Using Delayed Onset Muscle Soreness (DOMS) to Measure Hiking Training Load


If you're training for hiking, you need to use enough weight to stimulate muscle growth. The problem is that most people undertake a strength training program that is way too advanced for them. Clients repeatedly tell me about workouts that push them too hard. After training sessions they become so sore they end up quitting. So, where is the sweet spot between enough resistance to get stronger but not so much it feels like a detriment to your body?


There are a couple of ways to measure this, but the easiest (meaning no math involved) is to factor in how your body responds to training. Resistance training breaks down muscle to stimulate growth. Eccentric (or lengthening) contractions induce greater DOMS than concentric or isometric.


Your muscles shouldn't hurt while you're working out, but you'll likely feel it later that day or the next. This next-day soreness is why it's called delayed-onset soreness. Your muscles can be a little tender to touch and mildly hurt when you move and stretch. The discomfort may be worse the second day after training. You've likely felt this soreness after undertaking a big hike that you might not have trained for. The muscles most affected are usually the calves and quads because they work eccentrically on the descent.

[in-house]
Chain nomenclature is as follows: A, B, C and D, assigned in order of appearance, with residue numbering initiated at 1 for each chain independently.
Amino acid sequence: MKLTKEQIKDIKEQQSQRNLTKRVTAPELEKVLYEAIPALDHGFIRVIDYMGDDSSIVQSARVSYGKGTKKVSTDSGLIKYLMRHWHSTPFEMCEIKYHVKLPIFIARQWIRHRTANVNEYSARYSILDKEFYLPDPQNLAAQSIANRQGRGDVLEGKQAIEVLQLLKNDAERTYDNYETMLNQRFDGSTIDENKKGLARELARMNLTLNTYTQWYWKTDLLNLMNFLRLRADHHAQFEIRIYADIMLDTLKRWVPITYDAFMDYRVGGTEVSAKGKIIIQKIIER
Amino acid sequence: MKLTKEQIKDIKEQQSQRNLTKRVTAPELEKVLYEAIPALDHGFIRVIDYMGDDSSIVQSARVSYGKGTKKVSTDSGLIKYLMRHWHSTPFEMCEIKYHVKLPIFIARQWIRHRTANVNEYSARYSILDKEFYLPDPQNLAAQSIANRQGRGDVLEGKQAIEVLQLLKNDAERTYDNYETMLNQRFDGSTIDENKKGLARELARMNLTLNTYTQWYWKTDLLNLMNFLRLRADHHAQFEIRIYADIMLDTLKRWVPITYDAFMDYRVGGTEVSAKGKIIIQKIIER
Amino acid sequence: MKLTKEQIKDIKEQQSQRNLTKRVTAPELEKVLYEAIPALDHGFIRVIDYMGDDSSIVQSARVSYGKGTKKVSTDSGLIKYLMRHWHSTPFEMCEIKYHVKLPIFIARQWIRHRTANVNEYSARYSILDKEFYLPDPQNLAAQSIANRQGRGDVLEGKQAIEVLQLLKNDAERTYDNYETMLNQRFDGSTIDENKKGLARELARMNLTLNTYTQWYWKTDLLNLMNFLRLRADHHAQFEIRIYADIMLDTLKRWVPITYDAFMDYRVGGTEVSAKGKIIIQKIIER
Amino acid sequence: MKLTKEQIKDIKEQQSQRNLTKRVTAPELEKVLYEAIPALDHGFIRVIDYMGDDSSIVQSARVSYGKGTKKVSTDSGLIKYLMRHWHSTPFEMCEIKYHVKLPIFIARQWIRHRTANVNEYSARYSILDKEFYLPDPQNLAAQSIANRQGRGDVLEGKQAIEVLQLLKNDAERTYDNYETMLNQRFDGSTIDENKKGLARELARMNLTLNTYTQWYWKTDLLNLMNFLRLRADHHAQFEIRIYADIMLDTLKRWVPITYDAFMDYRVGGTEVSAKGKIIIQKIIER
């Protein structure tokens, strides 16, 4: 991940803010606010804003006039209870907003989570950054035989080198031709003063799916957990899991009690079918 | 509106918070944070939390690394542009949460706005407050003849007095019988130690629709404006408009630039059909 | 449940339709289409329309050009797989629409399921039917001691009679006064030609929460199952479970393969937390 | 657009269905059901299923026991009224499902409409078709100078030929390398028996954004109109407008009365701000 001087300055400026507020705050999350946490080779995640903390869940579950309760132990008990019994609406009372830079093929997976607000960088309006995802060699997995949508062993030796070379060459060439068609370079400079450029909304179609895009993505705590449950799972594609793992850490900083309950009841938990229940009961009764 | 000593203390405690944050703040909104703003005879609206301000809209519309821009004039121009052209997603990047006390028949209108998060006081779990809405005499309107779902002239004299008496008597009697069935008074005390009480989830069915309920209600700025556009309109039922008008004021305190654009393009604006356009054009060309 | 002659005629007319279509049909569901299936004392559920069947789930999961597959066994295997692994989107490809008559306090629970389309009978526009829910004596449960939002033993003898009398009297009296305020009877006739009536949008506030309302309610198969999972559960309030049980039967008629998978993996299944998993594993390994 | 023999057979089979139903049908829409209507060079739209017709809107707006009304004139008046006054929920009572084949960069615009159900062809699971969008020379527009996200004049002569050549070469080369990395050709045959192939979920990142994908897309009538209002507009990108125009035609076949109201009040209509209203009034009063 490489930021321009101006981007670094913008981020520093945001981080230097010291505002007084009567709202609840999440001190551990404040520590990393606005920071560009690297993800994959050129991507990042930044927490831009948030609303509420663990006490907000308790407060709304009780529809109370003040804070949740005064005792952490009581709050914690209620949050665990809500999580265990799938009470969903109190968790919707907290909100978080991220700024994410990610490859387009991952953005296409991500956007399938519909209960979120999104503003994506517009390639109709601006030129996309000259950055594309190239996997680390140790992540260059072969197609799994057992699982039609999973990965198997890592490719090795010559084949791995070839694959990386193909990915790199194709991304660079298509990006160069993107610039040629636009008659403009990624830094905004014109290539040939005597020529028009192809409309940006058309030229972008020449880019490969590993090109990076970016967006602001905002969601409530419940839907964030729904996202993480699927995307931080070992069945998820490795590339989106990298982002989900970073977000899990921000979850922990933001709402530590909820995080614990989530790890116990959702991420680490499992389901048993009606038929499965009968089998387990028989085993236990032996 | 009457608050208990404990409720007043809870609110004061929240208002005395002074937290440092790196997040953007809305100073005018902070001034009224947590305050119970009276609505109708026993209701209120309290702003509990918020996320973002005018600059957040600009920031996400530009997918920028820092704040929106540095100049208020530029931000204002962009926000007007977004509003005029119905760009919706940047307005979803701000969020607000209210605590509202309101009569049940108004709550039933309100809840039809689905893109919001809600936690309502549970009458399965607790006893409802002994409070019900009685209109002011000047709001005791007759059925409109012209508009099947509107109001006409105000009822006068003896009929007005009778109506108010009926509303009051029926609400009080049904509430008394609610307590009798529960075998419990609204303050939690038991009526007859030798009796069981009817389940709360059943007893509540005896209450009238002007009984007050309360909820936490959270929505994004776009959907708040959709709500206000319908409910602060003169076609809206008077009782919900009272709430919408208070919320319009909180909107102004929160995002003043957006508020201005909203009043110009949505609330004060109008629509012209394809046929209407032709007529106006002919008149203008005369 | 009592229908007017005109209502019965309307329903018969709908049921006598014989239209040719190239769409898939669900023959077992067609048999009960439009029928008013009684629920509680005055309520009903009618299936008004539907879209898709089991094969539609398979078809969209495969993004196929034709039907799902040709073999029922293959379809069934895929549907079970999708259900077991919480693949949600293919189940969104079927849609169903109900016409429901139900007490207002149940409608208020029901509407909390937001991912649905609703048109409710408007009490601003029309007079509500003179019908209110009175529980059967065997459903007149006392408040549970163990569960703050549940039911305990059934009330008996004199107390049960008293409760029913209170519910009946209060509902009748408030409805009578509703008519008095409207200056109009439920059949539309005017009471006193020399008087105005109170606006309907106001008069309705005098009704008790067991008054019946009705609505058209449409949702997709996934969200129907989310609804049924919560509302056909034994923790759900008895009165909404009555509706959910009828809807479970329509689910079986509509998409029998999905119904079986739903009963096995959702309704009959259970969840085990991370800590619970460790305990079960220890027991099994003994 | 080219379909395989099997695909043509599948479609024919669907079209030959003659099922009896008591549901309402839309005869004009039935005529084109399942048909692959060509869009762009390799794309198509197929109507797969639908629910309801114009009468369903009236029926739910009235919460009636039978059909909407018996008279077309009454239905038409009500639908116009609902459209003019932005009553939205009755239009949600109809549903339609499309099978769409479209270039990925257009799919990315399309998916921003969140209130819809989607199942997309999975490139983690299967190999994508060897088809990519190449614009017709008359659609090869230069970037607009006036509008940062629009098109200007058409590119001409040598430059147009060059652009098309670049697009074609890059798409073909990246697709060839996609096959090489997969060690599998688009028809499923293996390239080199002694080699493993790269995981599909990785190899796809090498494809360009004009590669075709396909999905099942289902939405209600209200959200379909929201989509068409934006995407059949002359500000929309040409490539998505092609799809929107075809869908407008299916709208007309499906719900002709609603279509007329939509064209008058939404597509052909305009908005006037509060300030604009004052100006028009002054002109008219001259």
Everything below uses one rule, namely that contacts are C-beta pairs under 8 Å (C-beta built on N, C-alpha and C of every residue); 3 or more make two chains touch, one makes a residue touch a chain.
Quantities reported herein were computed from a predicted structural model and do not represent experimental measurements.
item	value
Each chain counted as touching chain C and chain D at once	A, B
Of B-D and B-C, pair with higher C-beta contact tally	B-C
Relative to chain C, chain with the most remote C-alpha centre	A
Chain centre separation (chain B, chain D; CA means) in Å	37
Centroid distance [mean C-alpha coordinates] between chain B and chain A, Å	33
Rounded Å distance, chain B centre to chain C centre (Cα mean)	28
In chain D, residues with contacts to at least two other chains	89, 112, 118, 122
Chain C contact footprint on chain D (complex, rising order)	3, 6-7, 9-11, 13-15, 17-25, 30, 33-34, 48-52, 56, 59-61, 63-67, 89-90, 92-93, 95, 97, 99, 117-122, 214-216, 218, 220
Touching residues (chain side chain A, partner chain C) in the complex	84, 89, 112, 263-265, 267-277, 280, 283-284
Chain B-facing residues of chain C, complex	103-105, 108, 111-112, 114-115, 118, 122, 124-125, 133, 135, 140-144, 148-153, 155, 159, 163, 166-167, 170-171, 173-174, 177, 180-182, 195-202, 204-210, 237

What does it mean?

Feeling DOMS after a workout means you've experienced some muscle damage. If you're at the right training level, that feeling shouldn't last more than two days. Any longer, you've probably exceeded an appropriate training load for your tissues to tolerate.


If you work out and you don't experience DOMS, don't worry! It means your muscles have adapted to the training load. The workout is still effective at improving your fitness even if you don't have DOMS afterward. However, you might want to consider increasing your training load by doing more reps or heavier weights next time.


Not sure your workout is effective?

If you're training but not getting the results you want, you might not be using an appropriate training load. Message me, and let's talk about what tweaks you might want to make to the changes you're looking for!





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